Emoticons, first used in 1982, have become a part of us in the form of a language and a research has revealed that even our brains have started recognising them as if they were real human faces.
A study by Dr Owen Churches of Flinders University in Australia said now occipitotemporal cortex had the same response with both human faces and emoticons.
According to the study published in Social Neuroscience Journal, even our brains are understanding emoticons "as if they were our own living brethren".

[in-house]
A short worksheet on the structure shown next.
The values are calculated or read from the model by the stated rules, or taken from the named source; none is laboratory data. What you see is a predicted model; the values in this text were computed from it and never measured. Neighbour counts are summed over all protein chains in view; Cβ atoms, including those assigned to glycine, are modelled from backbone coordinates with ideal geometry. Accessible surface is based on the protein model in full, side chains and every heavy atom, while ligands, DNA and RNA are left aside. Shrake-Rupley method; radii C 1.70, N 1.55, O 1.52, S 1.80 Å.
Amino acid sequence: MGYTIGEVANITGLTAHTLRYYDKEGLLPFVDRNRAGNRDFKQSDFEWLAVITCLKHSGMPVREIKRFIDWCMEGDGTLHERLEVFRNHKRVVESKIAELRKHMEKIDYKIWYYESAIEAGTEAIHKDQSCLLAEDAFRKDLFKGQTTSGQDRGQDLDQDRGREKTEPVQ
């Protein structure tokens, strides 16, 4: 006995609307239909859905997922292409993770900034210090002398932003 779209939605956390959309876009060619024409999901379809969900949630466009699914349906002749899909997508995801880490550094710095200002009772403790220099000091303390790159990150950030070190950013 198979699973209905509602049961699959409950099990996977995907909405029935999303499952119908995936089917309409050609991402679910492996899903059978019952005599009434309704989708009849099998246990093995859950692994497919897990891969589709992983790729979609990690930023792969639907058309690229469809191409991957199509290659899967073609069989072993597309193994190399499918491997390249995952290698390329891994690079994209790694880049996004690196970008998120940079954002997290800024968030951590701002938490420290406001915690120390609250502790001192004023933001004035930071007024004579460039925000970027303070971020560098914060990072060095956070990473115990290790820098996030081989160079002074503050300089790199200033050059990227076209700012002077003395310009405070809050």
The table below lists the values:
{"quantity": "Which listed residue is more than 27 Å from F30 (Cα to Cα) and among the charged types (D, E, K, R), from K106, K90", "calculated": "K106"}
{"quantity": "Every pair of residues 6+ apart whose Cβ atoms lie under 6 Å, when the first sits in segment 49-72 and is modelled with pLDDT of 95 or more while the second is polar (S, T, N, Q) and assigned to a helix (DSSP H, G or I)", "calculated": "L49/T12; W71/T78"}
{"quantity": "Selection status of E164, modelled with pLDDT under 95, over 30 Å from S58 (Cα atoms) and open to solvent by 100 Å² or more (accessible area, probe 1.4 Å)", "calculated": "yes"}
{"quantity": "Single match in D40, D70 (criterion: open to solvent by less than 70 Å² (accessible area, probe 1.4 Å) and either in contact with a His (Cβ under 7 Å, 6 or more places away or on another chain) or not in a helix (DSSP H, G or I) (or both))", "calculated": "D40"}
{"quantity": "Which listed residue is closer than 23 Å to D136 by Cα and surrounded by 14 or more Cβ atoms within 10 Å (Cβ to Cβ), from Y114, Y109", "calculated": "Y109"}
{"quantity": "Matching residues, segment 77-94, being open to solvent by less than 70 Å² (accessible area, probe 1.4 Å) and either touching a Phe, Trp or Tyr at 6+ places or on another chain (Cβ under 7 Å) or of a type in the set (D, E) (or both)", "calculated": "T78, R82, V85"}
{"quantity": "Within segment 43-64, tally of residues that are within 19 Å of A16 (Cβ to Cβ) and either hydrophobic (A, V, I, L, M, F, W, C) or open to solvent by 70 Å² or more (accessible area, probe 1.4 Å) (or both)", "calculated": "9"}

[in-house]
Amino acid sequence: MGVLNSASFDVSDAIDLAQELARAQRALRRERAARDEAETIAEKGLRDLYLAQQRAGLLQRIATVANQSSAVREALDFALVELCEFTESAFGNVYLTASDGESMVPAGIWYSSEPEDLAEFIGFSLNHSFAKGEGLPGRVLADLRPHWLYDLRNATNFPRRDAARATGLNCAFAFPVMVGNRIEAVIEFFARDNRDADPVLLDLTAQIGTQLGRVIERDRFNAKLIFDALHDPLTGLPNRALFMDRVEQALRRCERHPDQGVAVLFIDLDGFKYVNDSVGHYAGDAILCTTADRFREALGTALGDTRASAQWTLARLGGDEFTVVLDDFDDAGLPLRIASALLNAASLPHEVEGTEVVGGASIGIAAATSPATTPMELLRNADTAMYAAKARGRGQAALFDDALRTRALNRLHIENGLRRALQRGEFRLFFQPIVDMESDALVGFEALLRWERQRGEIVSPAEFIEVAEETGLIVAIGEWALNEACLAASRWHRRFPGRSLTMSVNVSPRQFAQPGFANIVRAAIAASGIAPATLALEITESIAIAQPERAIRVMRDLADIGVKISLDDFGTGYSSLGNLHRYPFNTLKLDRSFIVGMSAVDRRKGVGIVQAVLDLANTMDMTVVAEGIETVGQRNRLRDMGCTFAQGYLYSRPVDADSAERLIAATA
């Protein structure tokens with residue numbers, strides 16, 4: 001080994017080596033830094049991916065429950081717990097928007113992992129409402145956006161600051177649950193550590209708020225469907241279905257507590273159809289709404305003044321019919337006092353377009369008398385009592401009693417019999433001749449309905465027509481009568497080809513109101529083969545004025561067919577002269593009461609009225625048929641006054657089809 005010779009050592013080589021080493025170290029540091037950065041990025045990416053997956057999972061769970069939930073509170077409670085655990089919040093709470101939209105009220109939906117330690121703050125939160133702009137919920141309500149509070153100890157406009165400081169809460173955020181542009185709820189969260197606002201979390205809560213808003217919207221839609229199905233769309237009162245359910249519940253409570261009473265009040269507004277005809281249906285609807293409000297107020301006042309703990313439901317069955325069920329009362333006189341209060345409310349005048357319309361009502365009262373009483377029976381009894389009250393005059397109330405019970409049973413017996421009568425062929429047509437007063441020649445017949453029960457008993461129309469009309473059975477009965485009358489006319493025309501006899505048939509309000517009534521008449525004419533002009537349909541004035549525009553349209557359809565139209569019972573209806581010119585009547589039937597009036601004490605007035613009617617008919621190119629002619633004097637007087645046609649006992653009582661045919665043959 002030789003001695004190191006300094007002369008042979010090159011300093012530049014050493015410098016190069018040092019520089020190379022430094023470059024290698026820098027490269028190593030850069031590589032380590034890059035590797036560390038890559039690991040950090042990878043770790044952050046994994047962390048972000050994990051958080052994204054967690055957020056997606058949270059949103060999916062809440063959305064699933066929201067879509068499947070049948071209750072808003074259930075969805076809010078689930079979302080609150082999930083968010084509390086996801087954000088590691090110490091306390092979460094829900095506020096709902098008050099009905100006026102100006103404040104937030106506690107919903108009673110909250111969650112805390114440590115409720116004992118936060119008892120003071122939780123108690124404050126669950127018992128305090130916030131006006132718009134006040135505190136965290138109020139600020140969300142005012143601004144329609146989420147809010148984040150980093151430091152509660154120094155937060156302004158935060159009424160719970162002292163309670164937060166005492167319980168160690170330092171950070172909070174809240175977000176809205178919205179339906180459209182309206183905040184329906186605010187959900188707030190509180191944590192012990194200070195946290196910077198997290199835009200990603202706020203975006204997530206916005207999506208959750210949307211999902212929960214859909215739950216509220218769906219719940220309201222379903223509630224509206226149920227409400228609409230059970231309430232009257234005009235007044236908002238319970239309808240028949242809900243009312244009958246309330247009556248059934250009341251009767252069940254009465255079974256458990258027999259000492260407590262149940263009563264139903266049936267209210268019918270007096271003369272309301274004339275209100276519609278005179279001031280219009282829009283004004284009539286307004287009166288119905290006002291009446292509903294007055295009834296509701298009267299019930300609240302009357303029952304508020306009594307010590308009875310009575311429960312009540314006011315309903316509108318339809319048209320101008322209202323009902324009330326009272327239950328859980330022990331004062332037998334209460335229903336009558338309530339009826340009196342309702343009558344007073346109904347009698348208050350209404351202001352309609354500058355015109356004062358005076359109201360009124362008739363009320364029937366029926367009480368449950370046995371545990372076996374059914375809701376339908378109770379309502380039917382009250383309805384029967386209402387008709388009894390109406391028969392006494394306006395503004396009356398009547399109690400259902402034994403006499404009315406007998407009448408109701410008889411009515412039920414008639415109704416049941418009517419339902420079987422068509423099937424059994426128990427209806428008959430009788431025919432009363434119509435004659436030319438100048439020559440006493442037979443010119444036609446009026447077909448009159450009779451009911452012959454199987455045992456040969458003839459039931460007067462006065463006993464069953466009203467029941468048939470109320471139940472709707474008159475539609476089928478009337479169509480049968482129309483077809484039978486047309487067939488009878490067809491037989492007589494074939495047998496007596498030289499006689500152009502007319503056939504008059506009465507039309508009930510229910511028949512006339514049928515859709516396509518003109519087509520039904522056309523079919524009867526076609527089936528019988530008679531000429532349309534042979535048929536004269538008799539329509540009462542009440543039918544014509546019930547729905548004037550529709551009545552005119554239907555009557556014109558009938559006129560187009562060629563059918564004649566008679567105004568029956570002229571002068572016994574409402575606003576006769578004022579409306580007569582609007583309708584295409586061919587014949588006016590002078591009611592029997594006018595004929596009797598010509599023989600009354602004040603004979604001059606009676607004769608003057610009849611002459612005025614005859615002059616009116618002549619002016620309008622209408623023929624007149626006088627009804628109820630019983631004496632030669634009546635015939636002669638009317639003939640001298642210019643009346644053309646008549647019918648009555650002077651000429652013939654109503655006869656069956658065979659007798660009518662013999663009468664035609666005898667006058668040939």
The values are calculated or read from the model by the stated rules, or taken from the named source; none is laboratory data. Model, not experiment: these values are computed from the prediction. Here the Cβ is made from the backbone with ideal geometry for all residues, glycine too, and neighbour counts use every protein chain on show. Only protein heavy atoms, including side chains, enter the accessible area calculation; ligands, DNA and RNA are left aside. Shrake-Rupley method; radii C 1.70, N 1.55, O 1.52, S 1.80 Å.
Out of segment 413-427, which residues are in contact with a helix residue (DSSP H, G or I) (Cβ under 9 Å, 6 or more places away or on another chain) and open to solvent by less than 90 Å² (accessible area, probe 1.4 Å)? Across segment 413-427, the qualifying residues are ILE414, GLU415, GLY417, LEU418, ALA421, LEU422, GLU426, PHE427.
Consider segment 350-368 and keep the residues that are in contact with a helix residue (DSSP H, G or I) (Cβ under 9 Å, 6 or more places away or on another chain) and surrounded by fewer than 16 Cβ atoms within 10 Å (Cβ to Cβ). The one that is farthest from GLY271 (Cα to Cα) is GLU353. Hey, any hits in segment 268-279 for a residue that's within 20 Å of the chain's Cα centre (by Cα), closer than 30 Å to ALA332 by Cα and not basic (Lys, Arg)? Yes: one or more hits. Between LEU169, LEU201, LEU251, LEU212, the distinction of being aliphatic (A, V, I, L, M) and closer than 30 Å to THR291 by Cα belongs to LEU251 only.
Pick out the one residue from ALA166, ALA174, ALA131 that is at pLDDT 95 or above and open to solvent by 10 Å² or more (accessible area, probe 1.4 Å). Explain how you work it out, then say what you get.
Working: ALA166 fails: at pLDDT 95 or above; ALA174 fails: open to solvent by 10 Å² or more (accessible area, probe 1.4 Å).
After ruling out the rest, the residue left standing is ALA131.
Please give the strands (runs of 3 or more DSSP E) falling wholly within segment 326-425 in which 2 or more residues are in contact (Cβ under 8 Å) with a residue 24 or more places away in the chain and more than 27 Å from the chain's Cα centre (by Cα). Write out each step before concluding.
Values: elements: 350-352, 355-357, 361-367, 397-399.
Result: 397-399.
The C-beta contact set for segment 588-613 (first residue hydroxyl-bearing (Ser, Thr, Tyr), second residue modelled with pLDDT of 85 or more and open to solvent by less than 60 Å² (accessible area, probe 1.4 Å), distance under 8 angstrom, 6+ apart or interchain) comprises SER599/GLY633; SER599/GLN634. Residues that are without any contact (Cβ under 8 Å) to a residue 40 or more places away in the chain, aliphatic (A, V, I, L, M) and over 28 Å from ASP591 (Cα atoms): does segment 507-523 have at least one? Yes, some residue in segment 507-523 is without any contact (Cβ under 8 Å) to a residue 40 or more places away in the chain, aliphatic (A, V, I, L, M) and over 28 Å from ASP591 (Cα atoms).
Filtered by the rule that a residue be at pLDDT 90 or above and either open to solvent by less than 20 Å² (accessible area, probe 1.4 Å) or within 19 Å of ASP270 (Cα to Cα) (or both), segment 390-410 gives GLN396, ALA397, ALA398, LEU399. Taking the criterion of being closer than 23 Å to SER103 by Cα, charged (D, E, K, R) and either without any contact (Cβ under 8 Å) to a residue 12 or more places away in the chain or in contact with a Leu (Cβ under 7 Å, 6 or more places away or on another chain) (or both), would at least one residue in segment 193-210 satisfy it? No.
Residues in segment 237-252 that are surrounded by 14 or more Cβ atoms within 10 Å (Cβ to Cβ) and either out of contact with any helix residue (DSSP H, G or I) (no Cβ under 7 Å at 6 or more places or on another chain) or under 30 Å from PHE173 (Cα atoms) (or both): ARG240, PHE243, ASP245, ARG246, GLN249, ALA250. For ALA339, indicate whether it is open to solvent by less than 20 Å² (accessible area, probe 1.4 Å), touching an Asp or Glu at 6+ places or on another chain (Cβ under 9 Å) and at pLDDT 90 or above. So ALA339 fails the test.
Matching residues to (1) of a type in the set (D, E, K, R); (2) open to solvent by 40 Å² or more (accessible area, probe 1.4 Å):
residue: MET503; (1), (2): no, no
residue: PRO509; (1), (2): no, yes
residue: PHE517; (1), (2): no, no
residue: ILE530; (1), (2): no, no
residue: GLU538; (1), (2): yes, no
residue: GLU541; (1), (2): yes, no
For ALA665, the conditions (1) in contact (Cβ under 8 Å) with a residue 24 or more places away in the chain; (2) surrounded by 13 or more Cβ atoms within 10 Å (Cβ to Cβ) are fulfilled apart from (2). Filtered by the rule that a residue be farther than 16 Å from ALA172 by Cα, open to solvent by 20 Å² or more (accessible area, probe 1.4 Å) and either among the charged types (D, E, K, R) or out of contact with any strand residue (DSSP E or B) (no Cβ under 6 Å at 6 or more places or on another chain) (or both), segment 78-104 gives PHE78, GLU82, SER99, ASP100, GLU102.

So the next time you use emoticons in your communication, be careful while handling them as they are not just symbols, but much more than that. They represent real characters, feelings and emotions and they can either make or break a person's day.
Thus, it is proved that a smiley face lightens up a serious communication or an e-mail and the brain also feels happy to see it because now it is trained to do so.
In 1982, emoticon was documented for the first time by Professor Scott Fahlman.